But don’t worry too long about Dana, friends! No one in these books is ever single for long! She randomly meets what must be the only cowboy in Massachusetts, who of course spontaneously falls for her. This is the official introduction of long-running character Randy Crowell. She obsesses over whether they have too little in common (because Dana is a big-city New Yorker, in case this fact wasn’t mentioned enough) but when Bret weasels his way into Randy and Dana’s date in order to check Randy out and embarrass him for being a country boy, Dana realizes that Randy is who she really wants. Bret shows up the next day to ask Dana to take him back and, in a stunning show of YA-novel brazenness, comments that he still can’t promise to be faithful to her. In a not-so-stunning show of YA-novel spinelessness, she actually considers this tempting offer, but finally comes to her senses and sends him packing. She does this by reading a poem very obviously directed at Randy during the summer school closing program. Because Randy, despite being said country boy, wrote her a poem that showed her there was more to him than she thought. Or something. I don’t know, it was all getting kind of ridiculous. I don’t know any teenagers this obsessed with poems.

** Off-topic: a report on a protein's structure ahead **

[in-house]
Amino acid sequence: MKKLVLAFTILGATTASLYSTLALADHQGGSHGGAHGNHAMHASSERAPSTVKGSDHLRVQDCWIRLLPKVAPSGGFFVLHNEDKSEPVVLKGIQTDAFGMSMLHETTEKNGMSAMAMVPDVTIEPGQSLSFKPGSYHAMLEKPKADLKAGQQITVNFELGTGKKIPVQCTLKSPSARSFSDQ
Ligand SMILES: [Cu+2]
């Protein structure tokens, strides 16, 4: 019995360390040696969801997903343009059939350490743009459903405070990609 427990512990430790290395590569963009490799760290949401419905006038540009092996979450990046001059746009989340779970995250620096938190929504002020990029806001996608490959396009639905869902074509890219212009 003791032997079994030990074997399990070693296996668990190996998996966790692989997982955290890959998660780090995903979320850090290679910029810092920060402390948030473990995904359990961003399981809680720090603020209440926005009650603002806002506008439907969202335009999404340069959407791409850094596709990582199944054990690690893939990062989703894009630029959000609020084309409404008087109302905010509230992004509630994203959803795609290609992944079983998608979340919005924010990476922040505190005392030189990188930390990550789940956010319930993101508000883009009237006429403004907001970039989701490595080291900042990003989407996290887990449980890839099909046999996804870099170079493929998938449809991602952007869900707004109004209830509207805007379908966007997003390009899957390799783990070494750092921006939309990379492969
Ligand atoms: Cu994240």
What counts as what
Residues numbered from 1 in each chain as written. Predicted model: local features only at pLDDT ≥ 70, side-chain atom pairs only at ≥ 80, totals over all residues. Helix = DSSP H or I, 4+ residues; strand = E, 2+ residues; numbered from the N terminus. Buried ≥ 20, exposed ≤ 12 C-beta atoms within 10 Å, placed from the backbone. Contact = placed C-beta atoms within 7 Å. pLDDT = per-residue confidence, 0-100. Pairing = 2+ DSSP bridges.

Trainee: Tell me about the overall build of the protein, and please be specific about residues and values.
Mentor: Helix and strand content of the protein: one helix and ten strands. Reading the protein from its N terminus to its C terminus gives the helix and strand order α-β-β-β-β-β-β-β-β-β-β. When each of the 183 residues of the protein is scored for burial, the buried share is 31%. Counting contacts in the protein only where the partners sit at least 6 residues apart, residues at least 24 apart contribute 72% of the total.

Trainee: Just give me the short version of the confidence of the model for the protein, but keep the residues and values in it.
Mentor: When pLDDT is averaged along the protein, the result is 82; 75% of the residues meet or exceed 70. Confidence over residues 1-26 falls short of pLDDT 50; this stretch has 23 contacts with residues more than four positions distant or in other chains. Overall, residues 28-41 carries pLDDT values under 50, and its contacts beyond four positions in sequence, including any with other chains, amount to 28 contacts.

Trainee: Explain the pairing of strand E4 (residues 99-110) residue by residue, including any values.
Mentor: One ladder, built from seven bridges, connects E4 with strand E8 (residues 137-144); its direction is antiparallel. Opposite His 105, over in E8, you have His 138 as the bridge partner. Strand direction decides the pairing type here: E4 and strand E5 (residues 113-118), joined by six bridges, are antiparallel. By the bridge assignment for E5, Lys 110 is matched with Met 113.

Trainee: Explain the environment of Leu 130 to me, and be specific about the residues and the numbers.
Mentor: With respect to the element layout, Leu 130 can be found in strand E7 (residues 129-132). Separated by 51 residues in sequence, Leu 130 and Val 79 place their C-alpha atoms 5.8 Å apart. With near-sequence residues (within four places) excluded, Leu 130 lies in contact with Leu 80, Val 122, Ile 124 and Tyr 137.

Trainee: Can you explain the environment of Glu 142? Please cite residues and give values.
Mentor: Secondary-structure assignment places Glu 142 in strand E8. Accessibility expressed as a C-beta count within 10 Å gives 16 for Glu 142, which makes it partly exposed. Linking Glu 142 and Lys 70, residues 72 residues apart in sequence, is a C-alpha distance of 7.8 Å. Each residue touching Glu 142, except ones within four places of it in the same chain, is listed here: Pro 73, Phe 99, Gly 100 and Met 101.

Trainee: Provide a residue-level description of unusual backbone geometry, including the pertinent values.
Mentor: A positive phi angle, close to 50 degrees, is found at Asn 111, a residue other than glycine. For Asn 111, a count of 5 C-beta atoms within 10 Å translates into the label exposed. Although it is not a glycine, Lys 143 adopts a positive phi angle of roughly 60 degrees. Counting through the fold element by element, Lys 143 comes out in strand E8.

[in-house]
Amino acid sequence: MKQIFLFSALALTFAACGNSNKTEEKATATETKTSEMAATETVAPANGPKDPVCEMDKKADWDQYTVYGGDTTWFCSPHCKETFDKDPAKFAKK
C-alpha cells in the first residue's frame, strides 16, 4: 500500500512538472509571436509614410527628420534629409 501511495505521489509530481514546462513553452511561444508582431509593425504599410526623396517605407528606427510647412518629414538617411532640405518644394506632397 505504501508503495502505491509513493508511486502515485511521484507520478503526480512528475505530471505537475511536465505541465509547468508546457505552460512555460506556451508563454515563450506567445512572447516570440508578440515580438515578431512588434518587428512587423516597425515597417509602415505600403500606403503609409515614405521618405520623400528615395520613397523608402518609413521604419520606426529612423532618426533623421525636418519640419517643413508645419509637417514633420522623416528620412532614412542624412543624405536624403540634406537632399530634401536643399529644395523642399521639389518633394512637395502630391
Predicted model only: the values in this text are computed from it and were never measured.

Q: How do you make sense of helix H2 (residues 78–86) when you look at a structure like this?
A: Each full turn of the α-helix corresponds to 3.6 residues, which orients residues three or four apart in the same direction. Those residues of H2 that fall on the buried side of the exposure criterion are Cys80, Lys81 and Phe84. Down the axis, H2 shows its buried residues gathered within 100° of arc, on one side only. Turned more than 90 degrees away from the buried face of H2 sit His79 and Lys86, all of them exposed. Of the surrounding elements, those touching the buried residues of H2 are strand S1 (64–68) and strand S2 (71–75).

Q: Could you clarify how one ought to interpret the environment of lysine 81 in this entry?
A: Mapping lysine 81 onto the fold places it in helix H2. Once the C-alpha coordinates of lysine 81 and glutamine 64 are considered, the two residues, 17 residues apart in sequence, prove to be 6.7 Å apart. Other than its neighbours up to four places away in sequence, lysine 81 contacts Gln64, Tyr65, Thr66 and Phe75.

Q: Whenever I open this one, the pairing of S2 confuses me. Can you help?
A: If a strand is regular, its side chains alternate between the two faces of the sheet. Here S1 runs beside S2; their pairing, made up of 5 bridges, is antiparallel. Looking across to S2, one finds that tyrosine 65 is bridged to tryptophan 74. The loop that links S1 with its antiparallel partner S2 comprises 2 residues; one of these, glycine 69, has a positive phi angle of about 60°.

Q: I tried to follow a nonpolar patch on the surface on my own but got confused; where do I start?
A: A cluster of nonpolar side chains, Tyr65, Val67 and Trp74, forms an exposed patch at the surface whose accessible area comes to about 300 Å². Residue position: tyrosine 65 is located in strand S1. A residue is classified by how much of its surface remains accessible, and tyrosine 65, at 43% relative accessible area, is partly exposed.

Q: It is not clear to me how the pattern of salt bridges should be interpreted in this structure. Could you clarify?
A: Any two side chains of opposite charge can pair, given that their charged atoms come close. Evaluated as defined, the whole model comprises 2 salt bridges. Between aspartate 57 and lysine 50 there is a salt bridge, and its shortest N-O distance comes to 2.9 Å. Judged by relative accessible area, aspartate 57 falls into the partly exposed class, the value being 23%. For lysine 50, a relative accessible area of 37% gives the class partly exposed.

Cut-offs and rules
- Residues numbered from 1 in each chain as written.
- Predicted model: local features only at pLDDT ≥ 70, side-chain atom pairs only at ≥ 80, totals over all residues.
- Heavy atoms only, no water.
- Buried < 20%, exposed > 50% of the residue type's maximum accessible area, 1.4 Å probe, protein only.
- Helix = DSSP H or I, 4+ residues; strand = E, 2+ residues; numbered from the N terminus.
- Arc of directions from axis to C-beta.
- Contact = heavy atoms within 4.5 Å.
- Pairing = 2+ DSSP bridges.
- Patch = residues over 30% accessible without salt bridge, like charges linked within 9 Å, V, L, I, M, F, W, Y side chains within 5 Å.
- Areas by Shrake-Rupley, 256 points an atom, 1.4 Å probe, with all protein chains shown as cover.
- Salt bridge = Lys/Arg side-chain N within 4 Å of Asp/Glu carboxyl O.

Meanwhile, Shelley has been blithely dating her new guy Tom while conveniently never mentioning that fact to her hometown boyfriend Paul. Unfortunately for her, Paul surprises her by showing up at Canby Hall. Shelley embarks on an incredibly immature and farfetched scheme in which she tries to make Paul think Tom is Casey’s boyfriend while simultaneously making Tom think Paul is just an old school friend. Did you get that? Never mind, it’s over soon enough. While Shelley and Casey are in the bathroom, the two guys talk to each other, figure out the truth, and leave, ditching the girls at the restaurant. Now there’s some spine, even if it is short-lived. Eventually, Shelley works things out with Paul — apparently he’s been seeing someone on the side too — and they both agree to … well, I couldn’t really figure out what their agreement was, except that they both get to do whatever they want and see each other too, I guess. That would totally work in real life. Anyway, Shelley somehow manages to wrangle the same deal with Tom by placing a rose on his doorstep, but not before a nosy neighbour calls the police on her because they suspect she might be the famed Greenleaf Cat Burglar. (Really, the police in this small town are seriously overworked. For a relaxing break, they might want to moonlight with the NYPD.) So in the end … Shelley emerges unscathed and no longer has to hide her cheating. Life lesson noted.